U.S. Congressman Bennie Thompson will follow Gelpi with the next colloquia address on Nov. 9 for a unique and timely look back at the 2016 national election.

Learn more about the series at www.deltastate.edu/president/colloquia.

A Letter from President William N. LaForge

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Dear Campus Colleagues and Students:

Welcome to the new academic year!

As I shared with the faculty and staff at Convocation, this promises to be a terrific year, filled with exciting programs, intercollegiate athletics, campus changes, and the first steps toward realizing the university’s vision for a successful future.

We recently rolled out ten building-block visioning principles that will help guide us to that future success.  Many of the ideas and strategies that will pave that pathway are already in place or in the development stages.  All of us in the Delta State family have a huge stake in this vision, and I invite you to join in as we plan and shape that future.  I have attached the full list of visioning principles.

Delta State’s highest priorities are academic excellence and student success.  As a student-centric university, our mission is to help guide each student on the path to success, and to provide our students with the very best experience possible in and out of the classroom.  College is a time for exploration and discovery for our students, and this university is committed to providing an outstanding platform for student engagement.

Students…I encourage all of you to get involved with student government, intramurals, religious life, cultural and service organizations and projects, and fraternities and sororities.  Doing so is an important part of a college experience, and your involvement will make you a more versatile person as you prepare for your career.  As our tagline says, “Join In.  Stand Out!”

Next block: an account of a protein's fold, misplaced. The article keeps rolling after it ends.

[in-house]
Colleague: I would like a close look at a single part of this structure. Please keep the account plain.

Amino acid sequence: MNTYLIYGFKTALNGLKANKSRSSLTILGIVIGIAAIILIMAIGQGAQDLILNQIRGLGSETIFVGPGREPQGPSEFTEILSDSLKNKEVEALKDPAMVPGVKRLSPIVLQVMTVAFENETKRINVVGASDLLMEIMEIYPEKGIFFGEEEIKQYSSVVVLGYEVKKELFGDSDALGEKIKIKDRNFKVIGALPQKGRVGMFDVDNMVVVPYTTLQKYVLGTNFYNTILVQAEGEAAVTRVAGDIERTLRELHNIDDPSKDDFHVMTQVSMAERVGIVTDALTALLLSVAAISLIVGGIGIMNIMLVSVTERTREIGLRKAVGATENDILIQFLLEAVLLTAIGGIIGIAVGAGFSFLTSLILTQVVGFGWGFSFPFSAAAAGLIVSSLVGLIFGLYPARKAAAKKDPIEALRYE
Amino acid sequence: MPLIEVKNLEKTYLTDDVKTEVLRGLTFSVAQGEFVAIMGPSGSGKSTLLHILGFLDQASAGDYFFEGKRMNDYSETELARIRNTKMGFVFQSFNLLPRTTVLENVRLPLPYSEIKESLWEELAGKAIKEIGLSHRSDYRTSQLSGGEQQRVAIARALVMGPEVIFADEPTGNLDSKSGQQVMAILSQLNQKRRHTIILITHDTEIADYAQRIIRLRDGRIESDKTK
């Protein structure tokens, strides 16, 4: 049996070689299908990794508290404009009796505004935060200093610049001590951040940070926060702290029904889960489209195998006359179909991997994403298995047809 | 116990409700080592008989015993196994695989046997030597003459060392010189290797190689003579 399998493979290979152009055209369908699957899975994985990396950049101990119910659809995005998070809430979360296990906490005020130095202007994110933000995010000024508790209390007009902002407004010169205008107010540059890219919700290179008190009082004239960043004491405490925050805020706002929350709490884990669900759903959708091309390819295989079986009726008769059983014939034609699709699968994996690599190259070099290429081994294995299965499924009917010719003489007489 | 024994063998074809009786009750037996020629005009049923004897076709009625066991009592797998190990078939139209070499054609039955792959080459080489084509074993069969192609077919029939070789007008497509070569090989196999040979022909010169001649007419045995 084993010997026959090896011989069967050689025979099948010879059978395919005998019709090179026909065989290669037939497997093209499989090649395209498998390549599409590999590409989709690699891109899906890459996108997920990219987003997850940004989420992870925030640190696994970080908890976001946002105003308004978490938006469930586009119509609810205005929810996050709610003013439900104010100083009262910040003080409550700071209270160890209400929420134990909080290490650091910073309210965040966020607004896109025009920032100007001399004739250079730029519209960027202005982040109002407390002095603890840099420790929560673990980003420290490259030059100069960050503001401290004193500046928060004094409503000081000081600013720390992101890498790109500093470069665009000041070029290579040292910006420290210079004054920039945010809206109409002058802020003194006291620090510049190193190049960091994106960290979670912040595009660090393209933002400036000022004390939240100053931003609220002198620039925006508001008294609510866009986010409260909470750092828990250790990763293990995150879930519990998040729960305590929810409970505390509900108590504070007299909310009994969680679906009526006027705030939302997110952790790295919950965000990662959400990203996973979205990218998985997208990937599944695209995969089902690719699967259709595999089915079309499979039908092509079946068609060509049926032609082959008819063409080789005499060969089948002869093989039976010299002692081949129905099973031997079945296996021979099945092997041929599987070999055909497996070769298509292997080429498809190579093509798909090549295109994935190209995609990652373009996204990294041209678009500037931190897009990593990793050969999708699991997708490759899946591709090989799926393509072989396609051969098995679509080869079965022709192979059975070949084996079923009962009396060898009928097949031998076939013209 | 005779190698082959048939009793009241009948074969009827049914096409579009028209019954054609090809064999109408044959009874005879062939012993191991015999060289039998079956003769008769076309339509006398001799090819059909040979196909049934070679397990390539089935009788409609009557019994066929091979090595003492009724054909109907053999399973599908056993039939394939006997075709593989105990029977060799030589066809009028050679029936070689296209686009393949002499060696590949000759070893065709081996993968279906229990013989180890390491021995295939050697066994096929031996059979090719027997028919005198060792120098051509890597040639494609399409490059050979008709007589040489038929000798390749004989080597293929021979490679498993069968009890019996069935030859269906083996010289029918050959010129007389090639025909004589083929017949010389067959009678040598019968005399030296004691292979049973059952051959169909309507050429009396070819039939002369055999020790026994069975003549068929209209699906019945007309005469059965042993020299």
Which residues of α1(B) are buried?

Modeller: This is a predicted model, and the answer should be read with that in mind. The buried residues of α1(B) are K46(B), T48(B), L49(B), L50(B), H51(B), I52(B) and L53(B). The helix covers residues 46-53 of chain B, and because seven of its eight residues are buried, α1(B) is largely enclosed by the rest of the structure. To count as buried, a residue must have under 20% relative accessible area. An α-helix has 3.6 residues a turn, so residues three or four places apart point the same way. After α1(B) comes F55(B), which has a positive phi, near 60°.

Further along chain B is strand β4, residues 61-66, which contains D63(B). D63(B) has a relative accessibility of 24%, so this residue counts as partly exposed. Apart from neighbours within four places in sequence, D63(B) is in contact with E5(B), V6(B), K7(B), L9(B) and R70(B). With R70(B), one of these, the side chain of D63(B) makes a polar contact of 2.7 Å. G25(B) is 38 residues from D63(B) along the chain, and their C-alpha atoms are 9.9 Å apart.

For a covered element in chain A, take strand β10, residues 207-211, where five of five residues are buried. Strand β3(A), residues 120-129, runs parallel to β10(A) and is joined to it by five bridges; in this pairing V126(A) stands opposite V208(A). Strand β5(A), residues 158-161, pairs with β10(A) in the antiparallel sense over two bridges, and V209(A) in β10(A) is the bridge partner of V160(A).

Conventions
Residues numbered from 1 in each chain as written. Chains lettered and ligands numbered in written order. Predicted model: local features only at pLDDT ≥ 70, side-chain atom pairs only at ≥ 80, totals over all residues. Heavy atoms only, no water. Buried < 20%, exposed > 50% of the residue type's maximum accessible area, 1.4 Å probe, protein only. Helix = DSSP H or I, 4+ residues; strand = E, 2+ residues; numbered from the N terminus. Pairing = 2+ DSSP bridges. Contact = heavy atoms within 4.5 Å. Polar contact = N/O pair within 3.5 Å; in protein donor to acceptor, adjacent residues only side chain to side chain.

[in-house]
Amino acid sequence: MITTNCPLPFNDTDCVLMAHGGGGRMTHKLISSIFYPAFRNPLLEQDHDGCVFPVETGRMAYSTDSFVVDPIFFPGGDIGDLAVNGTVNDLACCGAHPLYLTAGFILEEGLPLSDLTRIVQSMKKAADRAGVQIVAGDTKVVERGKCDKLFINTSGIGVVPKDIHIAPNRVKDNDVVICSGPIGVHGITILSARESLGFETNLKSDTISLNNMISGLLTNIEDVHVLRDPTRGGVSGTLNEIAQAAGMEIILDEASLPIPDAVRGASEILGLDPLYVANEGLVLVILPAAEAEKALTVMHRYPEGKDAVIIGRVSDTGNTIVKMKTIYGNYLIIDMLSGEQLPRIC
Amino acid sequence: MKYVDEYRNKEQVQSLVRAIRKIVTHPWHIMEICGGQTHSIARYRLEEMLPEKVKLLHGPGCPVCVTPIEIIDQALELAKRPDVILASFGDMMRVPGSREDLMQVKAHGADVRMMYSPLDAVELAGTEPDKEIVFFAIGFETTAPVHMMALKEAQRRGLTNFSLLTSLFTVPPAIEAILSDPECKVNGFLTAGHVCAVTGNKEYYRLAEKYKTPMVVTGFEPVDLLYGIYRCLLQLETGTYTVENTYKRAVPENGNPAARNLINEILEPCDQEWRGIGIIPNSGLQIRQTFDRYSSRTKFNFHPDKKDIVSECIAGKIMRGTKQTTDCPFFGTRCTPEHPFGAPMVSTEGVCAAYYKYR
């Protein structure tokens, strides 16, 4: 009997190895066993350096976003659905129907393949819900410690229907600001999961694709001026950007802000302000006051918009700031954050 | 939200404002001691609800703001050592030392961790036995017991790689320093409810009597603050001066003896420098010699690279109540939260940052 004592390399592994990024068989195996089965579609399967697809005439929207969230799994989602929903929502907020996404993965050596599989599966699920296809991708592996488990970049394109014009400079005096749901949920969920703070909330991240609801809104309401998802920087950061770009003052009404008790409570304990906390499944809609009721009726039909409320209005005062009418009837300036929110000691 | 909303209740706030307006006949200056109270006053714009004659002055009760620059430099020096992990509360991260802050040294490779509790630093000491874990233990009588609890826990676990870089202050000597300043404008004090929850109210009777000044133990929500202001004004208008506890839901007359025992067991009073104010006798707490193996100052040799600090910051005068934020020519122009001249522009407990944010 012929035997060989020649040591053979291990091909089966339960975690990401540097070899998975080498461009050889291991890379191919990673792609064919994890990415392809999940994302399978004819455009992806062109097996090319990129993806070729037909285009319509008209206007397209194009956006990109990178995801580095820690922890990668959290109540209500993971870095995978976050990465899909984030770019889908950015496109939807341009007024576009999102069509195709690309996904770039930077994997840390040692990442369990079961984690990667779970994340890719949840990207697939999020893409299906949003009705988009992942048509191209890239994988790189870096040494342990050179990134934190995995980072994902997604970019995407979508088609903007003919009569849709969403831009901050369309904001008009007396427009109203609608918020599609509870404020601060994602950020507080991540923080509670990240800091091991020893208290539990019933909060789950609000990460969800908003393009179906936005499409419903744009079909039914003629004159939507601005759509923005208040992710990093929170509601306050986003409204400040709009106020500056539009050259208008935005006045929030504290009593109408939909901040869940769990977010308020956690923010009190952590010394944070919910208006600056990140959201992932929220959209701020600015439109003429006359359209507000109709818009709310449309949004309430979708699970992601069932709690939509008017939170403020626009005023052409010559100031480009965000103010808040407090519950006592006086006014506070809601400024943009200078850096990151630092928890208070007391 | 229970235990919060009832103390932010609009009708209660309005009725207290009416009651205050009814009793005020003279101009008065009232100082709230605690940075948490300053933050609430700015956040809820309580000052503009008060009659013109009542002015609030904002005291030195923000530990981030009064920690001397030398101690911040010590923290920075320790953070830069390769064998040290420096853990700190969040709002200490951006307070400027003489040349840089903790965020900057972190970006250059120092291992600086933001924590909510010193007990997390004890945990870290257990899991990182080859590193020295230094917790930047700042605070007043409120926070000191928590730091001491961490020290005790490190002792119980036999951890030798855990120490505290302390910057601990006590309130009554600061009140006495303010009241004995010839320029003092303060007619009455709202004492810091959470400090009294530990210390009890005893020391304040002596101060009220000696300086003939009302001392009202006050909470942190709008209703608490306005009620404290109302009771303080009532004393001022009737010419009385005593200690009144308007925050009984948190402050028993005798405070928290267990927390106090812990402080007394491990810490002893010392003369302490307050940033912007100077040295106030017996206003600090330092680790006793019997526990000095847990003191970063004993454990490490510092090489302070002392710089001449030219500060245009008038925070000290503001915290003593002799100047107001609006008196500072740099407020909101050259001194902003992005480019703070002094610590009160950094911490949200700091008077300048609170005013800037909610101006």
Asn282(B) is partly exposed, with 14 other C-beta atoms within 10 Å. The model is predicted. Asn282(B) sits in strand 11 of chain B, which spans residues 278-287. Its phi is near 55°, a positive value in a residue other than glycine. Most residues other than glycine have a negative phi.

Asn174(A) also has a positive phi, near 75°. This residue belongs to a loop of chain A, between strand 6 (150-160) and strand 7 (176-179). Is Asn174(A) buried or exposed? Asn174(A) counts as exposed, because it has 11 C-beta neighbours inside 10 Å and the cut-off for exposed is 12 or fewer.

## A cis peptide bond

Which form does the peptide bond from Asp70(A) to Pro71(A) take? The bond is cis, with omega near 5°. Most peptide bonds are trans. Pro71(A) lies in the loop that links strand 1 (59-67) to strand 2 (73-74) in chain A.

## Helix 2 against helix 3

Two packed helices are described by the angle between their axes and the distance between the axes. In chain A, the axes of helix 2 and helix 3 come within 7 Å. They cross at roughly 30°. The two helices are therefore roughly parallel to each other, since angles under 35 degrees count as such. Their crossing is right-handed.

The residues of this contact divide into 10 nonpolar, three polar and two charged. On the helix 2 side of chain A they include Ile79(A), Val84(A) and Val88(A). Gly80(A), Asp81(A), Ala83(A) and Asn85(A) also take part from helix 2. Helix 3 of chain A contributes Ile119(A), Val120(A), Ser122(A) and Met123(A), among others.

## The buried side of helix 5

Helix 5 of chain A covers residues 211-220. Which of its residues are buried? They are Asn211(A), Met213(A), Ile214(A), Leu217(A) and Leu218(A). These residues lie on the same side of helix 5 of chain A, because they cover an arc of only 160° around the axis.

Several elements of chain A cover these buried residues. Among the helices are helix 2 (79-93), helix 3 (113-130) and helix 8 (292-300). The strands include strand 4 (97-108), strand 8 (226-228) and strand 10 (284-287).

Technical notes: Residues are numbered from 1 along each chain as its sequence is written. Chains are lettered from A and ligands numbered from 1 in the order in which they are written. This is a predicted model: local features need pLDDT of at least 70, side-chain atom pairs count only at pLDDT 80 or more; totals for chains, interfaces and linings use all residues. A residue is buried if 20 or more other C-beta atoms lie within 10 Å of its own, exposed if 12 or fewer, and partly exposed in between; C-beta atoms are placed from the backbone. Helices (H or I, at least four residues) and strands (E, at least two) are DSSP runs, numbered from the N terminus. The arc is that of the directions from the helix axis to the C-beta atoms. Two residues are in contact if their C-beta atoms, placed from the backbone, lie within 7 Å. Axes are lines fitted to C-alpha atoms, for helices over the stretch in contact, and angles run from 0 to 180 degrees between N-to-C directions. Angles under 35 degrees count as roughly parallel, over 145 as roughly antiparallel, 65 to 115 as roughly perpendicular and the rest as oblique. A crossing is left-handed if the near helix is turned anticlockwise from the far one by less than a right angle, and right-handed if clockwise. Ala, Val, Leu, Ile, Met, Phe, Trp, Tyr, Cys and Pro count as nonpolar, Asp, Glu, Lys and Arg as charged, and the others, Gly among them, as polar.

We have just rolled out a new and expanded healthcare service plan for all students, and this plan will also be available for faculty, staff, and the community.  In partnership with Bolivar Medical Center, we will have a more modern healthcare delivery system—in the same facility on campus, the Reily Health Center—that will provide enhanced medical care.  Please take advantage of these new services.

I call your attention to a full slate of entertainment and activities that will fill the calendar this fall and beyond.  Be sure to keep up with all university events and activities by checking out the Delta State home page and announcements.  For example, superb BPAC programming is scheduled for this year, including music, dance, and Broadway shows.   Statesmen football offers six home games.  Our annual International Conference on the Blues is slated for October 2-4, and our signature Race Relations Conference will be held again in the spring.  I am pleased to announce two University Colloquia Distinguished Speakers Programs for the Fall—Federal District Judge Gustavo Gelpi of Puerto Rico on September 20th on the topic of police reform in the United States, and U.S. Congressman Bennie Thompson on November 9th for a unique and timely “next day look-back” at the 2016 national election.  Both will take place in Jobe auditorium at 6:00 pm on those respective dates.